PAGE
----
- زمان مطالعه 9 دقیقه
- سطح ساده
دانلود اپلیکیشن «زیبوک»
این فصل را میتوانید به بهترین شکل و با امکانات عالی در اپلیکیشن «زیبوک» بخوانید
متن انگلیسی فصل
The Easy Grand
Once Tiffy had calmed down, Bond stood up and turned to face Scaramanga again.
‘That may have been a good circus act, but it was rough on the girl. Give her some money,’ Bond demanded. Knowing Scaramanga’s history, Bond had used the word ‘circus’ again on purpose.
‘No,’ replied Scaramanga simply. Then, suspiciously, ‘And what’s all this talk of circuses? Like I said before, are you with the cops? You certainly seem like you are.’
‘People don’t tell me what to do. I tell them,’ stated Bond, then he walked into the middle of the room and sat down at a table. ‘Stop trying to give me a hard time and come and sit down,’ he added.
Scaramanga’s expression did not change. He slowly walked across the room, picked up one of the metal chairs, turned it around and sat down on it facing the wrong way round. His right hand rested on the top of his leg, centimetres away from the handle of his gun, which was tucked into the top of his trousers. Bond recognized that this was a sensible working position for a gunman - the metal back of the chair was in front of him protecting his body. This was certainly a most careful and professional man.
Bond, with both hands in full view on the table top, said in a relaxed way, ‘No, I’m not from the police. My name’s Mark Hazard. I’m from a company called Transworld Consortium. I’ve been doing a job at Frome, the WISCO sugar place. Do you know it?’
‘Of course I know it. What have you been doing there?’ asked Scaramanga.
‘Not so fast, my friend. First of all, who are you and what’s your business?’ said Bond firmly.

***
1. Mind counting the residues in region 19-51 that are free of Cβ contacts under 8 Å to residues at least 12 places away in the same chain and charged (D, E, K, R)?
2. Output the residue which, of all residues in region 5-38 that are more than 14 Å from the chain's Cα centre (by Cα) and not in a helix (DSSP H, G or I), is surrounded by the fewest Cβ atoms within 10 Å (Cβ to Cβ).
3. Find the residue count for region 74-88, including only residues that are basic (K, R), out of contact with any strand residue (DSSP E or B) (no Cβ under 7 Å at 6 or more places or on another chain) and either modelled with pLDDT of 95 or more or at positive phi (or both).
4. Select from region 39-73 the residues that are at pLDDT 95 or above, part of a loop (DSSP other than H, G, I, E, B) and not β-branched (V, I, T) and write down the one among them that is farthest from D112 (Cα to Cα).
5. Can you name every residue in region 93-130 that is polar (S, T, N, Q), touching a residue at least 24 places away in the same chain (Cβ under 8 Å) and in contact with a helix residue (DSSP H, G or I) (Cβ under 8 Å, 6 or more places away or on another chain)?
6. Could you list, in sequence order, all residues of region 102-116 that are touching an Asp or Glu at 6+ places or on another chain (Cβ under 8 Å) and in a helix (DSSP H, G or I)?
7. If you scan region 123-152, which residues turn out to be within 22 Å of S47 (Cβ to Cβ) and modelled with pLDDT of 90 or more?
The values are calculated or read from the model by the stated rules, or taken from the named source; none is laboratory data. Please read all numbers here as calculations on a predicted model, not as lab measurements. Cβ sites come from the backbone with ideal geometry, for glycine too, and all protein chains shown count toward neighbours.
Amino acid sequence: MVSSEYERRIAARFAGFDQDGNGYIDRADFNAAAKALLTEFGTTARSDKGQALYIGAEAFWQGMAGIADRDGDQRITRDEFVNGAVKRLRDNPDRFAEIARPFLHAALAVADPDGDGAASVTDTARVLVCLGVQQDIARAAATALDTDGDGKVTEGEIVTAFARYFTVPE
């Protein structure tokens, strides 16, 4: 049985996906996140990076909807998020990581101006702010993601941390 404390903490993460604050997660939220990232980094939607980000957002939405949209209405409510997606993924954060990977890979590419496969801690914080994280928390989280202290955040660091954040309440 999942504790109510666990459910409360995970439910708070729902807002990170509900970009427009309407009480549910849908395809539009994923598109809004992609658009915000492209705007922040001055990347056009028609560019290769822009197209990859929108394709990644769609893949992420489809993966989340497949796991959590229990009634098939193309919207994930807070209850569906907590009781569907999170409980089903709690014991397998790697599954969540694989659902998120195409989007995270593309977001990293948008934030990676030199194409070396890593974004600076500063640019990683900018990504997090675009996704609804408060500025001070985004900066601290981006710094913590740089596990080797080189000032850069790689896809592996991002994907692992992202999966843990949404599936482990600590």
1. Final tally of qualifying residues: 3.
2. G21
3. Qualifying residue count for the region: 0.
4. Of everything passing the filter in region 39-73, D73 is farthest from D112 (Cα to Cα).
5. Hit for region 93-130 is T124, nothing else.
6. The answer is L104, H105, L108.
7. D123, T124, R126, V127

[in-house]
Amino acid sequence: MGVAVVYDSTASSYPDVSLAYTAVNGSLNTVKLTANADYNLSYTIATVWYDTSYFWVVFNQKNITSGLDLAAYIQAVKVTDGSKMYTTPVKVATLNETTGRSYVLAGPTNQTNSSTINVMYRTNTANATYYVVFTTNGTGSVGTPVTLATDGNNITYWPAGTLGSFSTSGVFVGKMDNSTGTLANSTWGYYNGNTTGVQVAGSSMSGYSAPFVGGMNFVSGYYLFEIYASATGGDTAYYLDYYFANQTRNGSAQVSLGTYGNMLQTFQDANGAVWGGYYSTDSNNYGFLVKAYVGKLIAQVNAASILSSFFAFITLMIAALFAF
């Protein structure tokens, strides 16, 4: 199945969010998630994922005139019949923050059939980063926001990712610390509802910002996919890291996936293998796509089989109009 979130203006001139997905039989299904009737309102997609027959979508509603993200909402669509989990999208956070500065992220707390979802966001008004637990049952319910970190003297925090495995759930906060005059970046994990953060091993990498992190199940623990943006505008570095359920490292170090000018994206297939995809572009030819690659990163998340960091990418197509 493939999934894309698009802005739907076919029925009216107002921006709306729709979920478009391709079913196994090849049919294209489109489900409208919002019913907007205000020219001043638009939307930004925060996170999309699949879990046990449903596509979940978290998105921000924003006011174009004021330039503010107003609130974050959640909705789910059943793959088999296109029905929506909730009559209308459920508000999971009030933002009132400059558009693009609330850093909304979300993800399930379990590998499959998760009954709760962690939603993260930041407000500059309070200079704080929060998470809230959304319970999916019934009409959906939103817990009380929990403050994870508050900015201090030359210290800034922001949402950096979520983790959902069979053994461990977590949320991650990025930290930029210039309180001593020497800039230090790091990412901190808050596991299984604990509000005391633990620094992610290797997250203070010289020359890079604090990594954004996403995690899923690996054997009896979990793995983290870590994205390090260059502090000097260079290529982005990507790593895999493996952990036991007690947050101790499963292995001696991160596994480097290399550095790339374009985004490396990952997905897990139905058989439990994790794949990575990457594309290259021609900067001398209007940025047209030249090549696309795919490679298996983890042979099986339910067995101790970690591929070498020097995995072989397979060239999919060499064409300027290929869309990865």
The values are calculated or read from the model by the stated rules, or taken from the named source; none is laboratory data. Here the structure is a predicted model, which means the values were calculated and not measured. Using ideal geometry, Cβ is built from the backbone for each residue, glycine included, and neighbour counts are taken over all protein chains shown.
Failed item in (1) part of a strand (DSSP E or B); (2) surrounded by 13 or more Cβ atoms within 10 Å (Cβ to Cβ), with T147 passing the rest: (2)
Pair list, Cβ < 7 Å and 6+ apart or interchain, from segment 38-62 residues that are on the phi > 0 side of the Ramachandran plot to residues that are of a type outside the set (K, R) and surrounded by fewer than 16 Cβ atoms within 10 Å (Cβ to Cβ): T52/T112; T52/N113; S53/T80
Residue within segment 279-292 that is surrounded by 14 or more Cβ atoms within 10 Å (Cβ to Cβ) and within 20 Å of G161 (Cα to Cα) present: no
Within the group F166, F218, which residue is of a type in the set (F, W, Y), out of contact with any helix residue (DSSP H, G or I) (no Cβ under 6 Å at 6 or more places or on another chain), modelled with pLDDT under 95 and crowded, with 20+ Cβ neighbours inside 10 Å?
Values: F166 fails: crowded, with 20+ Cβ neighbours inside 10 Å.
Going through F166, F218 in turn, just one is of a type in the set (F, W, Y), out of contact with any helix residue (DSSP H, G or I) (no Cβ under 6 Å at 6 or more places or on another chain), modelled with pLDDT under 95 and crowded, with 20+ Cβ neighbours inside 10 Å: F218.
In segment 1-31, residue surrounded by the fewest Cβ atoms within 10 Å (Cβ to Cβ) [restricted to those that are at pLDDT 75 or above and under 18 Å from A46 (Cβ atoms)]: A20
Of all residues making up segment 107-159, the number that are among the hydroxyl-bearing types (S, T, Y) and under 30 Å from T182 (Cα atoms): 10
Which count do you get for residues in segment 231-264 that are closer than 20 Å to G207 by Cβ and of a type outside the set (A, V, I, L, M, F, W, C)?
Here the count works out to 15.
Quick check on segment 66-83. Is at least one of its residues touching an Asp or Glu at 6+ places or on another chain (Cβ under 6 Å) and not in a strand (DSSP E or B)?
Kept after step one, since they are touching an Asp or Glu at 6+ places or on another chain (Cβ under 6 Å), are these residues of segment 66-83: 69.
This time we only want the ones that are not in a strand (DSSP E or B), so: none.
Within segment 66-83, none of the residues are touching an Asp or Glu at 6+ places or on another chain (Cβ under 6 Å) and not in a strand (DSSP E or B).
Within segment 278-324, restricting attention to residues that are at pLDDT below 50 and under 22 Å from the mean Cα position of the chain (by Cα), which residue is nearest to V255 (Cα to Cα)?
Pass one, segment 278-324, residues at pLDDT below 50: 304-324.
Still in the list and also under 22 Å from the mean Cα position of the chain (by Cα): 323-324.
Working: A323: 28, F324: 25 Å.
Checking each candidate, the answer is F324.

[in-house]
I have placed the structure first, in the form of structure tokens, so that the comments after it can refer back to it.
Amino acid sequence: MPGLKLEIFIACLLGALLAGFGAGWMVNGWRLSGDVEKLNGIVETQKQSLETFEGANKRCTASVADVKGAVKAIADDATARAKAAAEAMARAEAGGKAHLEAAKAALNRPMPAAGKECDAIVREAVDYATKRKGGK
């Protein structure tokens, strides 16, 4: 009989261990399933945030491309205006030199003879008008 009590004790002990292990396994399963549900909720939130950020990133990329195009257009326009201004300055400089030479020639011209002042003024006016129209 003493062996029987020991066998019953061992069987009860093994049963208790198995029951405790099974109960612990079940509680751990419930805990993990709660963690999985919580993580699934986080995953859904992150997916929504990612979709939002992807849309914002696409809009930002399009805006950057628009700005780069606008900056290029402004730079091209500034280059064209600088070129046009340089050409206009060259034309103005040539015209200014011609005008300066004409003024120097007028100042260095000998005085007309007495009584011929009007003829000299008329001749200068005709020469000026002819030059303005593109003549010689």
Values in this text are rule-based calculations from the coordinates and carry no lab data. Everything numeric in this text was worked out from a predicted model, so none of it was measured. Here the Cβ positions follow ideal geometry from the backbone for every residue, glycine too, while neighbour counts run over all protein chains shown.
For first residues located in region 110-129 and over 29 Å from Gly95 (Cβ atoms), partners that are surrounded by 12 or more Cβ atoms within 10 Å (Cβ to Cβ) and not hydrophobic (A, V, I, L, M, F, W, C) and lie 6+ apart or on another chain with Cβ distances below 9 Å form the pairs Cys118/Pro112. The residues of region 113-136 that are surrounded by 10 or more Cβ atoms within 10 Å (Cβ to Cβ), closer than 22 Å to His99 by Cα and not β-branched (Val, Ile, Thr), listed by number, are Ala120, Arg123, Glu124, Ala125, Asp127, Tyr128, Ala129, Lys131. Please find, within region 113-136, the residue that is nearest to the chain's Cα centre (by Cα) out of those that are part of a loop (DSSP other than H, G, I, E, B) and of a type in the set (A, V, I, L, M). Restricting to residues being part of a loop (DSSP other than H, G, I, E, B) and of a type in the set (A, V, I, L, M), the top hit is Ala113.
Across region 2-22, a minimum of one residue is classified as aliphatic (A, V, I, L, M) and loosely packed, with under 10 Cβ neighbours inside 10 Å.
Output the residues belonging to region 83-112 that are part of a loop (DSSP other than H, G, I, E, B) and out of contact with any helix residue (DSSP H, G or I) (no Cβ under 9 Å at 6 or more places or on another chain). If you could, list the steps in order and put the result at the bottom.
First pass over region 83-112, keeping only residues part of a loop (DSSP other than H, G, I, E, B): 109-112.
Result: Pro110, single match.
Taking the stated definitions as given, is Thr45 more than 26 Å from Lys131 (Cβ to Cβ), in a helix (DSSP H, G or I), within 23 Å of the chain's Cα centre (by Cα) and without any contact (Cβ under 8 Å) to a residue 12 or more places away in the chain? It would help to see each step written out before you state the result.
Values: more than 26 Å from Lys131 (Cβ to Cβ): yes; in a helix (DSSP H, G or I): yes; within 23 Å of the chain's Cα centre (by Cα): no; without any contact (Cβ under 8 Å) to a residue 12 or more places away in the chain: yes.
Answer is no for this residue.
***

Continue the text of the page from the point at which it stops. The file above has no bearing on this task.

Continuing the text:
‘Scaramanga. Francisco Scaramanga. I work in labour relations. “The Man with the Golden Gun” is what they call me around here,’ he said coldly.
‘Well,’ said Bond, looking thoughtful, ‘a gun can be a useful tool for solving labour problems. We could do with you up at Frome.’
‘Have they been having trouble up there?’ Scaramanga asked, but he looked bored.
‘Yes, they’ve been having too many sugar cane fires. One of the jobs of my company is insurance investigation,’ lied Bond.
‘Ah,’ sneered Scaramanga, ‘security work. I thought I could smell the cop-smell.’ He looked satisfied that his guess had been close enough. ‘Did you catch anyone?’
‘Most of them,’ explained Bond, ‘but not all of them. That’s why I say we could do with a good “labour relations” person up there.’
There was a pause and then Scaramanga asked Bond, ‘Do you carry a gun?’
‘Of course. You don’t go after people like that without one.’
‘What kind of gun?’ Scaramanga wanted to know.
‘A Walther PPK 7.65 millimetre,’ said Bond.
Scaramanga seemed impressed by this and remained silent for a moment. Then he turned to Tiffy.
‘Hey, two bottles of beer, if you’re in business again.’ He turned back and looked hard at Bond. ‘What’s your next job?’
‘I don’t know. I’m in no hurry. I’ll call London and see if they’ve got any other problems in the area. I work for them more or less on a freelance basis.’
Tiffy came out from behind the counter and brought the drinks to the table. She gave Scaramanga a long, hard look and then turned around sharply and walked away.
A few moments passed while both men simply sat and drank their beers. Scaramanga appeared to be deep in thought about something. At last he spoke. ‘Do you want to earn yourself a grand - a thousand dollars?’